June 12, 2006

Booming Bushmeat Trade a Threat to African Wildlife

By Antoine Lawson

LIBREVILLE -- Elephant trunks and smoked gorilla limbs hang from Emile Ndong's stall, "ripening" in the tropical heat.

"A good ceremony, a marriage or an initiation is worthless unless you serve game at the table," said Ndong, a hawker at the bustling Oloumi market in Gabon's capital of Libreville.

Ndong is one of many profiting from Africa's booming trade in bushmeat -- a blood-soaked business that has serious consequences for the continent's wildlife.

Finding ways to curtail this industry will be discussed at an international conference in Madagascar from June 20 - 24, which will seek ways to harness Africa's ecological treasures for development, while also protecting them.

"Bushmeat is probably the biggest threat to biodiversity in central Africa," said Juan Carlos Bonilla, head of the Central Africa program for Conservation International, the main organizer of the Madagascar symposium.

From Ivory Coast in the west through Equatorial Guinea to Kenya in the east, poaching to feed the bushmeat market is rampant. And it is threatening entire species, including man's closest relatives, the great apes.

Even in the continent's economic powerhouse of South Africa, poor farmers and rural laborers poach wild game to supplement their incomes, using snares, poisons and traps.

One Reuters correspondent recently saw a crude trip-wire device on a fence on a South African farm meant to fire a shotgun shell into a warthog when it passed underneath.


In west and central Africa bushmeat is big business.

"In the past game was locally hunted and consumed as part of the diet of villagers. But now it is being consumed on an industrial scale," said Bonilla.

He said two key factors were driving the trade.

"There is rapid urbanization with cities becoming populated with migrants from the countryside. These migrants settle but continue a way of life that is linked to the forest," he said.

Bushmeat has long been a staple among forest communities.

The other factor is the opening up of previously remote and wildlife-rich regions by the logging industry, which is hacking new roads into rainforests.

"These are structured markets which start with commercial hunters in the forest, using mostly snares and traps, but they are linked to major urban markets," Bonilla said.

The prices vary but delicacies such as monkey can command $150 or more in oil-rich countries such as Equatorial Guinea, finding a market among the newly affluent.

The hunters themselves get a pittance.

One recent study by Conservation International said monkey hunters on Equatorial Guinea's Bioko Island -- home to several rare and endemic species -- only made about $30 a month.

So job creation and poverty reduction would probably go a long way to eliminating the "production" side of the industry.

"Providing alternative employment is a measure that would likely enjoy broad-based local support (on Bioko Island)," the study said.

"Hunters come from varied backgrounds and cannot be said to be 'hard-wired' to shoot monkeys," it added.


Primate species at risk on Bioko Island include the rare red and black colobus. Elsewhere gorillas and chimpanzees are targeted by the trade.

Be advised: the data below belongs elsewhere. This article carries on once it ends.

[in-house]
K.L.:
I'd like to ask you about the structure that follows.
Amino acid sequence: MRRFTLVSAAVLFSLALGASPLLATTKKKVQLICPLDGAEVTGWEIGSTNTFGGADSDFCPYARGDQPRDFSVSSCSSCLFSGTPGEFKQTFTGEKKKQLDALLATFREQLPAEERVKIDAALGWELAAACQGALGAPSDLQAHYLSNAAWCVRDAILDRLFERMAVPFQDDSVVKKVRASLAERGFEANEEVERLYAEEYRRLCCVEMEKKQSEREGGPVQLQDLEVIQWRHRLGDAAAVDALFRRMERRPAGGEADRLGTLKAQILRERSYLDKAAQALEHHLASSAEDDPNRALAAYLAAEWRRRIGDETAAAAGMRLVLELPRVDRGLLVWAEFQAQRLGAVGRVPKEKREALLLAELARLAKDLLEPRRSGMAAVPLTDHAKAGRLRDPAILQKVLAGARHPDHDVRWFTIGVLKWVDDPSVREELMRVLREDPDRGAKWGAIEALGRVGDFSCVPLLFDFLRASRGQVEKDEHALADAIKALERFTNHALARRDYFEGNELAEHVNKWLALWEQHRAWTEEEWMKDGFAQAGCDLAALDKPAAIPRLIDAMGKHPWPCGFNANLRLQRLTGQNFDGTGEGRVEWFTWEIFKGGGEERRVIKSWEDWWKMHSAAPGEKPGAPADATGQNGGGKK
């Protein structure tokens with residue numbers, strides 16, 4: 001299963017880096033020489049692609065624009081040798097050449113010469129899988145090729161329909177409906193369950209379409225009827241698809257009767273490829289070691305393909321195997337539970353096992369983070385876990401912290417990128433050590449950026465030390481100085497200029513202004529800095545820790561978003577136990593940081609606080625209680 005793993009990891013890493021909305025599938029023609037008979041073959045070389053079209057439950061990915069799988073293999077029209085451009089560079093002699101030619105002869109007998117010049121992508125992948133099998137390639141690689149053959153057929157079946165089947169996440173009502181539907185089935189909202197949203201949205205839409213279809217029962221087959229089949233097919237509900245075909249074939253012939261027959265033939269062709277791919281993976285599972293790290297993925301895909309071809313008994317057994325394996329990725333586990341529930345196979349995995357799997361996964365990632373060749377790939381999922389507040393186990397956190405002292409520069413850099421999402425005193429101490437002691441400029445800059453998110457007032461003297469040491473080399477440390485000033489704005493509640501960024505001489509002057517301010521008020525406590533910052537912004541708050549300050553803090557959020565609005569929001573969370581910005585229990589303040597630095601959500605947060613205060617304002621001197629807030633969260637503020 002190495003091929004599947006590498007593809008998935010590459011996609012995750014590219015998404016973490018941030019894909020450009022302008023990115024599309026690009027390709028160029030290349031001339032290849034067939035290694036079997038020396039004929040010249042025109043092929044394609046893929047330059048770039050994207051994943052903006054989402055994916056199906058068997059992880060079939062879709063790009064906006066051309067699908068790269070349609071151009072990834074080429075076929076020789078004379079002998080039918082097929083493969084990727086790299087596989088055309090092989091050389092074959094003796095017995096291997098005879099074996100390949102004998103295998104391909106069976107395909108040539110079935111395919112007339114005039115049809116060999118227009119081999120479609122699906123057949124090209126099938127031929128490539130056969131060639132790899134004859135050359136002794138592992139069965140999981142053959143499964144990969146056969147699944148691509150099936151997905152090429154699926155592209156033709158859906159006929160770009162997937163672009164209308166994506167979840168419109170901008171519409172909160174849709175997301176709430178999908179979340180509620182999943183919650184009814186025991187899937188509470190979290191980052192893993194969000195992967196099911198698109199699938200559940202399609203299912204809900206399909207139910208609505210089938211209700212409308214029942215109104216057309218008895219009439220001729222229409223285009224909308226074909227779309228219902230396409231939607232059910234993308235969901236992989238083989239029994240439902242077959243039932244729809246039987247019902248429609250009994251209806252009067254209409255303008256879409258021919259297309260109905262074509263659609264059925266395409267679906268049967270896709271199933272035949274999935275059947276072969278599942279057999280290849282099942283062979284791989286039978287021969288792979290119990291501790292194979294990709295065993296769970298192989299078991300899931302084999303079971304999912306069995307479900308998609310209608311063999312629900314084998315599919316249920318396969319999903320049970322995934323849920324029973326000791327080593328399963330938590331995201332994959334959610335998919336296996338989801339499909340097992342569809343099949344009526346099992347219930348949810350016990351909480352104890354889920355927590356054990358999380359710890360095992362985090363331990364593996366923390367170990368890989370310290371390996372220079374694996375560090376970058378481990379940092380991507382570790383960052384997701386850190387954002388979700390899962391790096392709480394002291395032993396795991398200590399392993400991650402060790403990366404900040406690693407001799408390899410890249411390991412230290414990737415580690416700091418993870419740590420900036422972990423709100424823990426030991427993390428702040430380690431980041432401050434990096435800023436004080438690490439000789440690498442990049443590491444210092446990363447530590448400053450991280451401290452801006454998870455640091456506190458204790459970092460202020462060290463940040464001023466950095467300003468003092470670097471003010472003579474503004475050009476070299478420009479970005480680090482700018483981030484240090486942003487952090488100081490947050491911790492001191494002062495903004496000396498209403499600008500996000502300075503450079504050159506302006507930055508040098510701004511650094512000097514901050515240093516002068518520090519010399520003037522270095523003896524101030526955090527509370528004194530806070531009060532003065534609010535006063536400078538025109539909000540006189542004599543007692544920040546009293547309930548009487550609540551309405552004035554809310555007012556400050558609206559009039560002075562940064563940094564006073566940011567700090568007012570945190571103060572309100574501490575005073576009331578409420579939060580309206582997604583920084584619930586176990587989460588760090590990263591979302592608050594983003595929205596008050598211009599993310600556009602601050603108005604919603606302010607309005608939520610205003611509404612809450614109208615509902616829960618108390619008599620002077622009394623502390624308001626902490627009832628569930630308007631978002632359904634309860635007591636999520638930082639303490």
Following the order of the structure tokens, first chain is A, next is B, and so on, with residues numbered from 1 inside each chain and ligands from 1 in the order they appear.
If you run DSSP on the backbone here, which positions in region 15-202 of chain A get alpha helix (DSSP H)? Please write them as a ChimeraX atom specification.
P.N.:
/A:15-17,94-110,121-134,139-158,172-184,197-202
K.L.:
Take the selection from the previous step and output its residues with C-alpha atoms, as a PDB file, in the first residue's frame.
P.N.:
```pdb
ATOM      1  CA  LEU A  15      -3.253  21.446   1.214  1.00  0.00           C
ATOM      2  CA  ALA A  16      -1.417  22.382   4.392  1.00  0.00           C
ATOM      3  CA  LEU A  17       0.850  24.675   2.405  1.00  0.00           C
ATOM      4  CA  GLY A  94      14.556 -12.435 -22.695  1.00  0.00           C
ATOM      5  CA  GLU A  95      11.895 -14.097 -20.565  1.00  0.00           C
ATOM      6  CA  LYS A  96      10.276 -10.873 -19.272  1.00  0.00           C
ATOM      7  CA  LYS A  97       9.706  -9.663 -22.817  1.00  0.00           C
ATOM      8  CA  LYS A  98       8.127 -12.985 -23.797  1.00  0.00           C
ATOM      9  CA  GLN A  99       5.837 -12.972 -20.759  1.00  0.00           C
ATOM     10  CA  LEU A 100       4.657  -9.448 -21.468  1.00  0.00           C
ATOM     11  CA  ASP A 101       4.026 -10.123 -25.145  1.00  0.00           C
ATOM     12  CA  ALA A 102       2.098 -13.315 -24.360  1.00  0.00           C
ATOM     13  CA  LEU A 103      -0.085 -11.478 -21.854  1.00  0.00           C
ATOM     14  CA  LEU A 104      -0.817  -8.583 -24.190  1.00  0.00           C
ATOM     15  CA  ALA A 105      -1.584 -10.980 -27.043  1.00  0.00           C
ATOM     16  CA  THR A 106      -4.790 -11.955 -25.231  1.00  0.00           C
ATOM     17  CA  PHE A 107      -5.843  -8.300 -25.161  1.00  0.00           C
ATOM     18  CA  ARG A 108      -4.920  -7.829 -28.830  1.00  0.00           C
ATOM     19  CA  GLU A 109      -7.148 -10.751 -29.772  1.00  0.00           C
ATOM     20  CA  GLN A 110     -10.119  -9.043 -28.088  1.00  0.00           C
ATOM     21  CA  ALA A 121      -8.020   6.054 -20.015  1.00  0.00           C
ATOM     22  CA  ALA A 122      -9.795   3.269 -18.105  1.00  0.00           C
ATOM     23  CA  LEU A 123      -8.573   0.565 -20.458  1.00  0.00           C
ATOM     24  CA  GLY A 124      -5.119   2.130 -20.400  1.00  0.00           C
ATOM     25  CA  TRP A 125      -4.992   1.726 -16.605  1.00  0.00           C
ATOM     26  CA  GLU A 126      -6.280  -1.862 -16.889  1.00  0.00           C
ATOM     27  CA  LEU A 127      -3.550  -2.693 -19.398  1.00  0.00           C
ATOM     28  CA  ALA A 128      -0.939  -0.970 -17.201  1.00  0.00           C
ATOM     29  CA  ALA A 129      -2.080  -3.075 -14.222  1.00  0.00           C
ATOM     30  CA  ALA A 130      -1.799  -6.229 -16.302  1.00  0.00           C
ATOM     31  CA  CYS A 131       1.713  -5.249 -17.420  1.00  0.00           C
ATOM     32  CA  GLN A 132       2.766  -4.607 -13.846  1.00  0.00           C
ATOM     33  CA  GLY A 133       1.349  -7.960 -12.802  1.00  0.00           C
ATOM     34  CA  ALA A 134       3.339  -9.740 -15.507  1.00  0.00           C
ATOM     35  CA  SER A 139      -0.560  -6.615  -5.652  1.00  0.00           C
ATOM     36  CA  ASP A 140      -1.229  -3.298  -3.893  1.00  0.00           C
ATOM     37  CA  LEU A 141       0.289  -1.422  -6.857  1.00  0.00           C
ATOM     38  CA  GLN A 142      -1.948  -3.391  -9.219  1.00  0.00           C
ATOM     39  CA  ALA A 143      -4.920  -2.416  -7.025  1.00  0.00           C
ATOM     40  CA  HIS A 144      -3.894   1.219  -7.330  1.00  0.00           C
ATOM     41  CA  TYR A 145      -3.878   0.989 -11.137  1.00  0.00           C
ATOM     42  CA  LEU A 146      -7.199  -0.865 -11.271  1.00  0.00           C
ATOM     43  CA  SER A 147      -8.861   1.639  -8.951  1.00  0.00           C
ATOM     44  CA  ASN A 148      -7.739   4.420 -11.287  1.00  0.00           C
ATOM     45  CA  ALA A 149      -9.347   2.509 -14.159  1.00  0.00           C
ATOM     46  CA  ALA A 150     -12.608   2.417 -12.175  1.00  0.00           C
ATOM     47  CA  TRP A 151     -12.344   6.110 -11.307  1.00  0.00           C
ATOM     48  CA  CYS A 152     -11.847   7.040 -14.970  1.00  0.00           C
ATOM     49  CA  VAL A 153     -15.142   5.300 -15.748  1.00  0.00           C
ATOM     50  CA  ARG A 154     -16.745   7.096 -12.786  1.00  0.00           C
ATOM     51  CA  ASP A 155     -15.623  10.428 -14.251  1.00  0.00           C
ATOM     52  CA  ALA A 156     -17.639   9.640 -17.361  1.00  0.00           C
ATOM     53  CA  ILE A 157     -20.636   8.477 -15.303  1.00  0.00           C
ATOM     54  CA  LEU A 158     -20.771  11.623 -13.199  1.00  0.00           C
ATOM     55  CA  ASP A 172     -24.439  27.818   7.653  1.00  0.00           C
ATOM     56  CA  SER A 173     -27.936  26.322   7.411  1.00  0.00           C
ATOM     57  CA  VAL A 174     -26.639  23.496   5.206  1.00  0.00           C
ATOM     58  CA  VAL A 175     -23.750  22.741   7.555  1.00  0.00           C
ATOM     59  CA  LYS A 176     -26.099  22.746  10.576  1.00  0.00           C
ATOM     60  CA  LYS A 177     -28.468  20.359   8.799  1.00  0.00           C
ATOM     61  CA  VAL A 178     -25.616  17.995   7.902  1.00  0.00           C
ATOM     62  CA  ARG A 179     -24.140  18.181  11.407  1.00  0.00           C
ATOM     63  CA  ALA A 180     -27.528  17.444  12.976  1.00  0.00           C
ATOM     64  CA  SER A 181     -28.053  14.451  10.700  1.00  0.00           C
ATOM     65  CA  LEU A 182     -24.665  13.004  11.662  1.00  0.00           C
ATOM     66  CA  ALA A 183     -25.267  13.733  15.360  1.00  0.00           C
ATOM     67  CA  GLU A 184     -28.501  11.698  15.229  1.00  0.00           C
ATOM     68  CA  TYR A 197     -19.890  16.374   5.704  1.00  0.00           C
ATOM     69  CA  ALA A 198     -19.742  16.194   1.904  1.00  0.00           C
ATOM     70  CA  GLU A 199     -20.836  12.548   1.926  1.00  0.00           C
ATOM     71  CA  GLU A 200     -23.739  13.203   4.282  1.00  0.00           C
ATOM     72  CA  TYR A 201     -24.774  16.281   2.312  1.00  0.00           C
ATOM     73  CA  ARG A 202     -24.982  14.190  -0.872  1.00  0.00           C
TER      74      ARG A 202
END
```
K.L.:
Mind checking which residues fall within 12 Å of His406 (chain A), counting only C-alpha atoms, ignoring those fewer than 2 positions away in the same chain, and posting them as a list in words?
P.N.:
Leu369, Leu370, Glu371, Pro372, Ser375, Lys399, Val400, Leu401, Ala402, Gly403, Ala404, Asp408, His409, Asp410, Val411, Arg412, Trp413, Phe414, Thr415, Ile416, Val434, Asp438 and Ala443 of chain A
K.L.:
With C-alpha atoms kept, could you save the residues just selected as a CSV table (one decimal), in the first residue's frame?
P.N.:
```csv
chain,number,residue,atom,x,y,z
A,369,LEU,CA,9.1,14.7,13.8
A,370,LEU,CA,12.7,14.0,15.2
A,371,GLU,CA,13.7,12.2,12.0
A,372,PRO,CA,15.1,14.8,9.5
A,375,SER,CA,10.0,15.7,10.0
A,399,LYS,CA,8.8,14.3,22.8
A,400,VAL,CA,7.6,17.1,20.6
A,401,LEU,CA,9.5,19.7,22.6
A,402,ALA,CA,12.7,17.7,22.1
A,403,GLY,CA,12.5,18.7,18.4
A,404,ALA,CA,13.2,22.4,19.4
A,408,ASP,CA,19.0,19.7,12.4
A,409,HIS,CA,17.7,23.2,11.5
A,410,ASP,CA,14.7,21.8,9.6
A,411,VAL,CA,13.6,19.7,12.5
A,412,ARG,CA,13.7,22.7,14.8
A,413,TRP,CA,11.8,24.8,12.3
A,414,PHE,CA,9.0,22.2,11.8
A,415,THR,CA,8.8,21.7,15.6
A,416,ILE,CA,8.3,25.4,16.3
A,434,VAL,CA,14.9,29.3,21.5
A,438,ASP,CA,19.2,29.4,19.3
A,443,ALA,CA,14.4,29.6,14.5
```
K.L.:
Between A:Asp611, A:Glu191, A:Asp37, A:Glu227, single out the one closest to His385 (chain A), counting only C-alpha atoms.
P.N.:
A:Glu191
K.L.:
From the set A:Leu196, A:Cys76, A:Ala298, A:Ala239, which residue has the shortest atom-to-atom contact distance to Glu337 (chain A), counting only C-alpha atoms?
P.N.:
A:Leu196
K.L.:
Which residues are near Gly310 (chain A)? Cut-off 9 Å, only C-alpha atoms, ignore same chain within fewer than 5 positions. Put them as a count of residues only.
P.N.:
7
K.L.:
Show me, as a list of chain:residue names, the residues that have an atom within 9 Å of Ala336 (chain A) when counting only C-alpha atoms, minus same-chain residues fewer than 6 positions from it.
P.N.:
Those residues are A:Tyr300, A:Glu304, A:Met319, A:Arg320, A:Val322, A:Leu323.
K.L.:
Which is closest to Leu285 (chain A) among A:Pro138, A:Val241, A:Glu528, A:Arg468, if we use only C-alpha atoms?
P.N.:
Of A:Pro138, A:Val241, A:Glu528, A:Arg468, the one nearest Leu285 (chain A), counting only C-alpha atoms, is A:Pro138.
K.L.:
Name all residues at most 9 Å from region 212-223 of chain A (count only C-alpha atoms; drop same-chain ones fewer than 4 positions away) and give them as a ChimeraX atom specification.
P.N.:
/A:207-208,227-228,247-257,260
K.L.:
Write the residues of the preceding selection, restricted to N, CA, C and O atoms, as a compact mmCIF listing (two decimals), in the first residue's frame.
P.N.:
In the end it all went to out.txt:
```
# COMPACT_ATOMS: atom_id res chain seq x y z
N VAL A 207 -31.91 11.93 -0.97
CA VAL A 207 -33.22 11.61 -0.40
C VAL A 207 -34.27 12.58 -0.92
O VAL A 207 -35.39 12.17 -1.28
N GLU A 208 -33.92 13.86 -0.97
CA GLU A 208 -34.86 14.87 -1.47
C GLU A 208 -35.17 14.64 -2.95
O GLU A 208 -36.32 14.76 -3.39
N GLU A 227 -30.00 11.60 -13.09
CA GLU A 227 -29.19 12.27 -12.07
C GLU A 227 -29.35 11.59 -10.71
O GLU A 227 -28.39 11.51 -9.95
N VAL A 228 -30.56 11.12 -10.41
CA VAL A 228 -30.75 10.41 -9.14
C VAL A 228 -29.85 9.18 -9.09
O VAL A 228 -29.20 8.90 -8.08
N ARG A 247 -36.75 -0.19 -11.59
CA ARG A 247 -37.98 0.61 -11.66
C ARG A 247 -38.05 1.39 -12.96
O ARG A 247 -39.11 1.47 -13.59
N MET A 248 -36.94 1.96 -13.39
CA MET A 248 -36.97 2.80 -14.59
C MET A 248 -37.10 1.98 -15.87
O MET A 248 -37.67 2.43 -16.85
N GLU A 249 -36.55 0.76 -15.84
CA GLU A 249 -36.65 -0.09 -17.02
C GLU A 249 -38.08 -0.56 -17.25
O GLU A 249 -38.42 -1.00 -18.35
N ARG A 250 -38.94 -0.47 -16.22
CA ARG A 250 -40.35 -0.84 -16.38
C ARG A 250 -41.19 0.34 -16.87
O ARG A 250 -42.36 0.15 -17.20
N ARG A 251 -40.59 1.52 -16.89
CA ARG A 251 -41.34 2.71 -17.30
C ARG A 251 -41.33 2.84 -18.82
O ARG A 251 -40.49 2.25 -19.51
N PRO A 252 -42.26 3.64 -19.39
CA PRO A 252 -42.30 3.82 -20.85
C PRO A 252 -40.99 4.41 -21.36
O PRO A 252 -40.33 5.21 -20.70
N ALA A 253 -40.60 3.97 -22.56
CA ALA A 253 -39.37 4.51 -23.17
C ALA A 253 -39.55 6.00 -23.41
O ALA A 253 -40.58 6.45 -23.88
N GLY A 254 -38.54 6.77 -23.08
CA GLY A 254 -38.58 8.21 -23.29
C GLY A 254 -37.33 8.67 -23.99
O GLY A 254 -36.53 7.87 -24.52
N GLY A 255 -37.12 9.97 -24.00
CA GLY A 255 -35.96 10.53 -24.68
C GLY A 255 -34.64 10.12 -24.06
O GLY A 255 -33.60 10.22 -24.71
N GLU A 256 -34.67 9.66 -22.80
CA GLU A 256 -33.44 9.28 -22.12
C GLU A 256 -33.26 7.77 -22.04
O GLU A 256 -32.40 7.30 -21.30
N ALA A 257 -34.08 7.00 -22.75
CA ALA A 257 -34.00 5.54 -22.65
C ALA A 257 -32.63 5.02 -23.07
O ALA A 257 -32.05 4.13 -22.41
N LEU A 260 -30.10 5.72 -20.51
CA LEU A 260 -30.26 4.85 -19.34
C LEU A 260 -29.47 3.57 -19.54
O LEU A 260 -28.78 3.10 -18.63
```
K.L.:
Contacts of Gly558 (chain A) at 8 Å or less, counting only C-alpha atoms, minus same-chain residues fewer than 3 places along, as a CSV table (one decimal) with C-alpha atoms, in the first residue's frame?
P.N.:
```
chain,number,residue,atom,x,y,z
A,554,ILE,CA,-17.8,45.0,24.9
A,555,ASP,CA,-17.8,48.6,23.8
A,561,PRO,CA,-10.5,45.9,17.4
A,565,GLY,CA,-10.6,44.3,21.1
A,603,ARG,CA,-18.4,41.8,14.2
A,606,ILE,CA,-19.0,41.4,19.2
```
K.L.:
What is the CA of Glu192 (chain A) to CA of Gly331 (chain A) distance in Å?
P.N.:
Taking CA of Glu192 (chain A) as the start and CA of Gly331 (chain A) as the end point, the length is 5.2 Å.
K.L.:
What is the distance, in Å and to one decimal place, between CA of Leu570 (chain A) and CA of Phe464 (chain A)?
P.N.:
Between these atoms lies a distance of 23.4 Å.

Conservationists have warned that poaching, logging and disease could soon wipe out the last of the world's great apes unless new strategies are adopted.

There is also a health risk for humans: scientists think past outbreaks of Ebola hemorrhagic fever in central Africa were caused by the consumption of infected monkey meat.

Some researchers believe that better protection for the diversity of the planet's creatures and plants could help shield humans from diseases like AIDS and Ebola, and be more cost-effective than developing vaccines.

In Gabon, the most sought after bushmeat items are monkey head, bush pig, crocodile, pangolin, gazelle, and elephant trunk -- many of which are protected species.

At a sweltering open-air market in the Ivory Coast city of Abidjan, saleswomen flick clouds of flies off a bewildering variety of meat including antelope, pangolin and squirrels.

"There's a python in the refrigerator waiting to be smoked," said Apollinaire Yao, one of several young men smoking meat.

Seller Anne-Marie N'Zi gives some insight into the trade.

"I get my supplies from women coming from upcountry with bushmeat. It's difficult to get because the water and forest (guards) and customs officials demand lots of money from them along the way. That makes meat a little more expensive."

Denis Amani Kouame, director of Ivory Coast's Water and Forests Ministry, said he did not have the resources to enforce the law, and that legalizing hunting could help.

"Hunting has been forbidden in Ivory Coast since 1974 but nevertheless wildlife resources are diminishing at an alarming rate," he told Reuters.

"The only people benefiting ... are the poachers and restaurant owners who have established and maintain an illegal economic sector worth more than 100 billion CFA francs ($193 million) per year," he said.

Lax law enforcement is underscored by the fact that Libreville's market is just 30 meters (90 feet) from the municipal police station.

At the market, shoppers appear unperturbed at the sight of six dead bush pigs, their young still alive, tethered by their feet.

(Additional reporting by Loucoumane Coulibaly in Abidjan and Ed Stoddard in Johannesburg)